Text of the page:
General Motors said on Thursday that by the end of this year, they will no longer sell Chevrolet cars in India. Even though it has been in India for 20 years, the third largest car company in the world still hasn’t figured out how to sell cars there. Chevrolet is not the first GM-owned brand to leave India. Deawoo and Opel both left before Chevrolet.
In a call with the media after the announcement, the company’s country head, Kaher Kazem, said that there are no plans for Chevrolet sales to start up again in India or for any new brands to be brought in. In spite of this, GM will keep sending cars out of its plant in Talegaon, Maharashtra.
He also said, “The decision comes after a full review of GM India’s plans for its future products and is part of a global restructuring.” It’s interesting that two years ago, GM CEO Mary Barra said that the company would invest $1 billion in India. But because there weren’t enough sales, the company had trouble making money and decided to close the Halol plant in Gujarat. Now, the company has made an announcement that it will take over sales in the United States.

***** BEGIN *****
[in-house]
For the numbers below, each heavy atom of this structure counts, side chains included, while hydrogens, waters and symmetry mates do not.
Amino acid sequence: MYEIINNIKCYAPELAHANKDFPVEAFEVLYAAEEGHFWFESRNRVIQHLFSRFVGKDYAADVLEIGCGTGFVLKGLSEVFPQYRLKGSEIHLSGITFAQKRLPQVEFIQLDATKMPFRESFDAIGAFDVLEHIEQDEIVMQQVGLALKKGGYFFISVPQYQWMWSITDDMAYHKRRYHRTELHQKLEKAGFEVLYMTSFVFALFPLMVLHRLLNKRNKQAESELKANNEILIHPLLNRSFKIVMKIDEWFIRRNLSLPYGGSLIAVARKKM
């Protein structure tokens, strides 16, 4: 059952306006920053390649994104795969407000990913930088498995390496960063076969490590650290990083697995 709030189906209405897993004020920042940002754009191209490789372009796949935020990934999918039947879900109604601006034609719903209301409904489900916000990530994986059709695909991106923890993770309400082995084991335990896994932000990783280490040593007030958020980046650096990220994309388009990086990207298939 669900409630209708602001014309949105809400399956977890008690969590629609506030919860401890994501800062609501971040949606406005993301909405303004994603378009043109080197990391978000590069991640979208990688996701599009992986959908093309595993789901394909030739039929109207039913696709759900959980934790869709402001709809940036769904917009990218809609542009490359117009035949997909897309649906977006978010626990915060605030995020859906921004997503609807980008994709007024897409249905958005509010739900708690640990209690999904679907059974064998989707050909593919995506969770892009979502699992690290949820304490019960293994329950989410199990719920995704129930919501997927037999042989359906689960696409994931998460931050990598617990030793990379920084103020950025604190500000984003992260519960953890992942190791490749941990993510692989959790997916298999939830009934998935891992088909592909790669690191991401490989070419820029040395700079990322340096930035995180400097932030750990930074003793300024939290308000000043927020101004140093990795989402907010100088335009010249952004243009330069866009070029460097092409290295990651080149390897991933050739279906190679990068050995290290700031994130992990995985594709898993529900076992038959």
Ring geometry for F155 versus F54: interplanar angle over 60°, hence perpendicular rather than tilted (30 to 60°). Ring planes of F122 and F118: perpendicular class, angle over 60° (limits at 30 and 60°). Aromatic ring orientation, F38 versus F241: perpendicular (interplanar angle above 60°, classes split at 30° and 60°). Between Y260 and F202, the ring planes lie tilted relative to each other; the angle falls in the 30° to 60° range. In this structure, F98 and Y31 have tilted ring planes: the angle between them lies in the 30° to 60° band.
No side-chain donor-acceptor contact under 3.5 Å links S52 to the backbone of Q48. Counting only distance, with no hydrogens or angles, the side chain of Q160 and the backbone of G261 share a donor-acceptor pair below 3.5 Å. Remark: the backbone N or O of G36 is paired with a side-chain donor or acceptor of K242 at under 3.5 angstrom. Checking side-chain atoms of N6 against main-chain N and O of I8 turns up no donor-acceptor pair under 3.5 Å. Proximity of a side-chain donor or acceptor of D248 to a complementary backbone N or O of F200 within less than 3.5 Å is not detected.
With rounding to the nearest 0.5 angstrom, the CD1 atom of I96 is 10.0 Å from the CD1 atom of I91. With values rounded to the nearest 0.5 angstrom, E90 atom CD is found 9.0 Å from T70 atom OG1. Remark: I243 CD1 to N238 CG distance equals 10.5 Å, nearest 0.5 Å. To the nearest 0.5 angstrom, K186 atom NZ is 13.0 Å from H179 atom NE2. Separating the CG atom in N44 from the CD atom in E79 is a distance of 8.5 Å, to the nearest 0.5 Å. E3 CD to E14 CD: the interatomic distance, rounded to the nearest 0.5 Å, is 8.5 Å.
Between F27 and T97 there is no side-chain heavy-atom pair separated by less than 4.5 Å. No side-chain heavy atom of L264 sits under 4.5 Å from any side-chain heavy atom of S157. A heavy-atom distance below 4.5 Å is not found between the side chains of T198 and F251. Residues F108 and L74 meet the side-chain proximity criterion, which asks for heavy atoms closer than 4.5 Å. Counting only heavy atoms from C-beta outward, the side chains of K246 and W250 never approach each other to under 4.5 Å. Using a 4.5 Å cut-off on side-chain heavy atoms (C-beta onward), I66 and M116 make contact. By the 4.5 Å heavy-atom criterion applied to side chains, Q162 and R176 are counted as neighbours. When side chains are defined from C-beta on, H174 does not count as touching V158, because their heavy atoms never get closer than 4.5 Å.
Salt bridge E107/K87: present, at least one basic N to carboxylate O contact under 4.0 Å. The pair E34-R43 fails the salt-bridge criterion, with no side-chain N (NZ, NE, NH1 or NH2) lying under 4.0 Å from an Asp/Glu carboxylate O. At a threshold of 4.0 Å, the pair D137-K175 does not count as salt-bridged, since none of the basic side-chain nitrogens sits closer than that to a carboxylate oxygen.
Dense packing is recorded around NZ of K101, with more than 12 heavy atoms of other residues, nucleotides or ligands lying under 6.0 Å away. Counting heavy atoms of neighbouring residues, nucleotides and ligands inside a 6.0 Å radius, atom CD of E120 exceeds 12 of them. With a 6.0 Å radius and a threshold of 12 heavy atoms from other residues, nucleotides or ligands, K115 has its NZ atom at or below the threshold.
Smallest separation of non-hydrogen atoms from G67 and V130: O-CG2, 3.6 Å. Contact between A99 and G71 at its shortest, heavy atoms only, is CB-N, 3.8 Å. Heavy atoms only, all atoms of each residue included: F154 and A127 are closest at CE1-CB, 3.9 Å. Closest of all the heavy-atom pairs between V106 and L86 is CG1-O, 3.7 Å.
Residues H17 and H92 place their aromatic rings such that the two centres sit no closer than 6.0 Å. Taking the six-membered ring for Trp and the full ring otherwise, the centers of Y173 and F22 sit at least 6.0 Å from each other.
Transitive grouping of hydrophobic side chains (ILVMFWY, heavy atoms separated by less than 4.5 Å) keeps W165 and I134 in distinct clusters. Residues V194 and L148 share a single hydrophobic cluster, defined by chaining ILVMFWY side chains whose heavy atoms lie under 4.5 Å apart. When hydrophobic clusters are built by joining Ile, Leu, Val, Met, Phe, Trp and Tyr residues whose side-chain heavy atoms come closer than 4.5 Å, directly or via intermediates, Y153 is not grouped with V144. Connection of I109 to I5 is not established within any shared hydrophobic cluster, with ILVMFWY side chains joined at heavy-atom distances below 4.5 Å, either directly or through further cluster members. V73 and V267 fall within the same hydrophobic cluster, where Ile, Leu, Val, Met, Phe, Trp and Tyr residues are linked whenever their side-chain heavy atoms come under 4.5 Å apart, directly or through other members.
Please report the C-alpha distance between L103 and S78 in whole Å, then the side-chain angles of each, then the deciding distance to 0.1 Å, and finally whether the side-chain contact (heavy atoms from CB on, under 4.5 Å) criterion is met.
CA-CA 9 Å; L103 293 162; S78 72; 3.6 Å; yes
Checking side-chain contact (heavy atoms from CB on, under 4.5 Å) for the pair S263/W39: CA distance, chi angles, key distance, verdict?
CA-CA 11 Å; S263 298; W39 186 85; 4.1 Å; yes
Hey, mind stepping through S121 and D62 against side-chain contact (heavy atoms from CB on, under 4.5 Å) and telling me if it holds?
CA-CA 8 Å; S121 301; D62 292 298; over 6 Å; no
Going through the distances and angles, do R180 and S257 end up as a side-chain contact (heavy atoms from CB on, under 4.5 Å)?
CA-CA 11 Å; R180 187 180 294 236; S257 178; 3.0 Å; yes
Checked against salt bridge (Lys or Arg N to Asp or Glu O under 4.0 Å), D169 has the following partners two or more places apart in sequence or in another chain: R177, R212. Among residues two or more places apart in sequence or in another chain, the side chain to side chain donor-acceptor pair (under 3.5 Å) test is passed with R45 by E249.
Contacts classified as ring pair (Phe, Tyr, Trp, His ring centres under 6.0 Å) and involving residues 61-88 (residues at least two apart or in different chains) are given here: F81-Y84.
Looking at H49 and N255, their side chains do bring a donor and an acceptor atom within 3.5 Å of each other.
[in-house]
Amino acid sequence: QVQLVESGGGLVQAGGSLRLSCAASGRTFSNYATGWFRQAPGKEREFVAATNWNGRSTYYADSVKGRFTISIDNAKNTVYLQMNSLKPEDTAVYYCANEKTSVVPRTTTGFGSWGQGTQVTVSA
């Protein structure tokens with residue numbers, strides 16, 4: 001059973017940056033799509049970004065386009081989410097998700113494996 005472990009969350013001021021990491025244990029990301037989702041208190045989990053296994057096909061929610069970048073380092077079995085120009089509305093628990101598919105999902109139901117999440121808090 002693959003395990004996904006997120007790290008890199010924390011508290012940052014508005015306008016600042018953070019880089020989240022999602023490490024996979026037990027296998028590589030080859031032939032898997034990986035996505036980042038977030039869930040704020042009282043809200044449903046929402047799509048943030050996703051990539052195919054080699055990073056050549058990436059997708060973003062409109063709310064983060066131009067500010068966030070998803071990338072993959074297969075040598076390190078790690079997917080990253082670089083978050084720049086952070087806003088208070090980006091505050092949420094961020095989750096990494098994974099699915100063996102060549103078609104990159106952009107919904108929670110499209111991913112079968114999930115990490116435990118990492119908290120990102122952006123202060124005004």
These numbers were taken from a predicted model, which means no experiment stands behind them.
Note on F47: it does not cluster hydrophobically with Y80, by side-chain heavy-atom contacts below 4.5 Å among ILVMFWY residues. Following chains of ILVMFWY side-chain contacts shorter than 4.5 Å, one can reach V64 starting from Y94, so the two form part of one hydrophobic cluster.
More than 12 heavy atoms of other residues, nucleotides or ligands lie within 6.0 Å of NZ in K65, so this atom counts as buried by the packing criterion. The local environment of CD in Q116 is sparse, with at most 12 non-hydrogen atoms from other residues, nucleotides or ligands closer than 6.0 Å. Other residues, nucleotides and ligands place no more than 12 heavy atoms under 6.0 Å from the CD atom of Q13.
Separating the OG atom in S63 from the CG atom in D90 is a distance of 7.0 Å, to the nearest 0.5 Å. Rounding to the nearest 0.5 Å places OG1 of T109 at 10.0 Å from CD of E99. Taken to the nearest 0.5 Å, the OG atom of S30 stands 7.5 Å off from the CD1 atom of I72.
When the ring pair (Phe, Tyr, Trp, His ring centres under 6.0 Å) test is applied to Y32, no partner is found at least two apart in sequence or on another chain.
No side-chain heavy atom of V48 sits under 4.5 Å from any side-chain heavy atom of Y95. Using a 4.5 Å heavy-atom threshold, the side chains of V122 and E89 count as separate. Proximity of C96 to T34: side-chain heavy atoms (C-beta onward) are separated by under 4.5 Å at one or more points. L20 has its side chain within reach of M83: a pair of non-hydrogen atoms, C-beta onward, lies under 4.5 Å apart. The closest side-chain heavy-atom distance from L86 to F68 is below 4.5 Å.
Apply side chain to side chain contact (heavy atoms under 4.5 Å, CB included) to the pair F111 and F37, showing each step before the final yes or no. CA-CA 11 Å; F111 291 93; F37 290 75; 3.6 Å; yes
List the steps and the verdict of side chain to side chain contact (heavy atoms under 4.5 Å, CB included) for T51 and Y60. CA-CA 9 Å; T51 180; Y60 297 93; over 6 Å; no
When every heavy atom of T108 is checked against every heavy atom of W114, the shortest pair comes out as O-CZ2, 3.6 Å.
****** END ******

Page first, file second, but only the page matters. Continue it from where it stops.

Stefan Jacoby, executive vice-president of GM International, was quoted in the company’s statement as saying, “We looked at many options, but decided that the planned increase in investment in India would not give us the same return as other significant global opportunities.” “It wouldn’t help us get to the top of the domestic market or make us more profitable in the long run.”
The car company says it will offer support and services to customers after the sale. Kazem also said that spare parts for models that are already on the market will be available “well after their warranty period.” He also said that the company would use India’s strong supply base to help it sell goods abroad. “We just started shipping the new Chevrolet Beat hatchback to Mexico and other countries in Central and South America. Later this year, we’ll start shipping the Chevrolet Beat sedan to these countries.”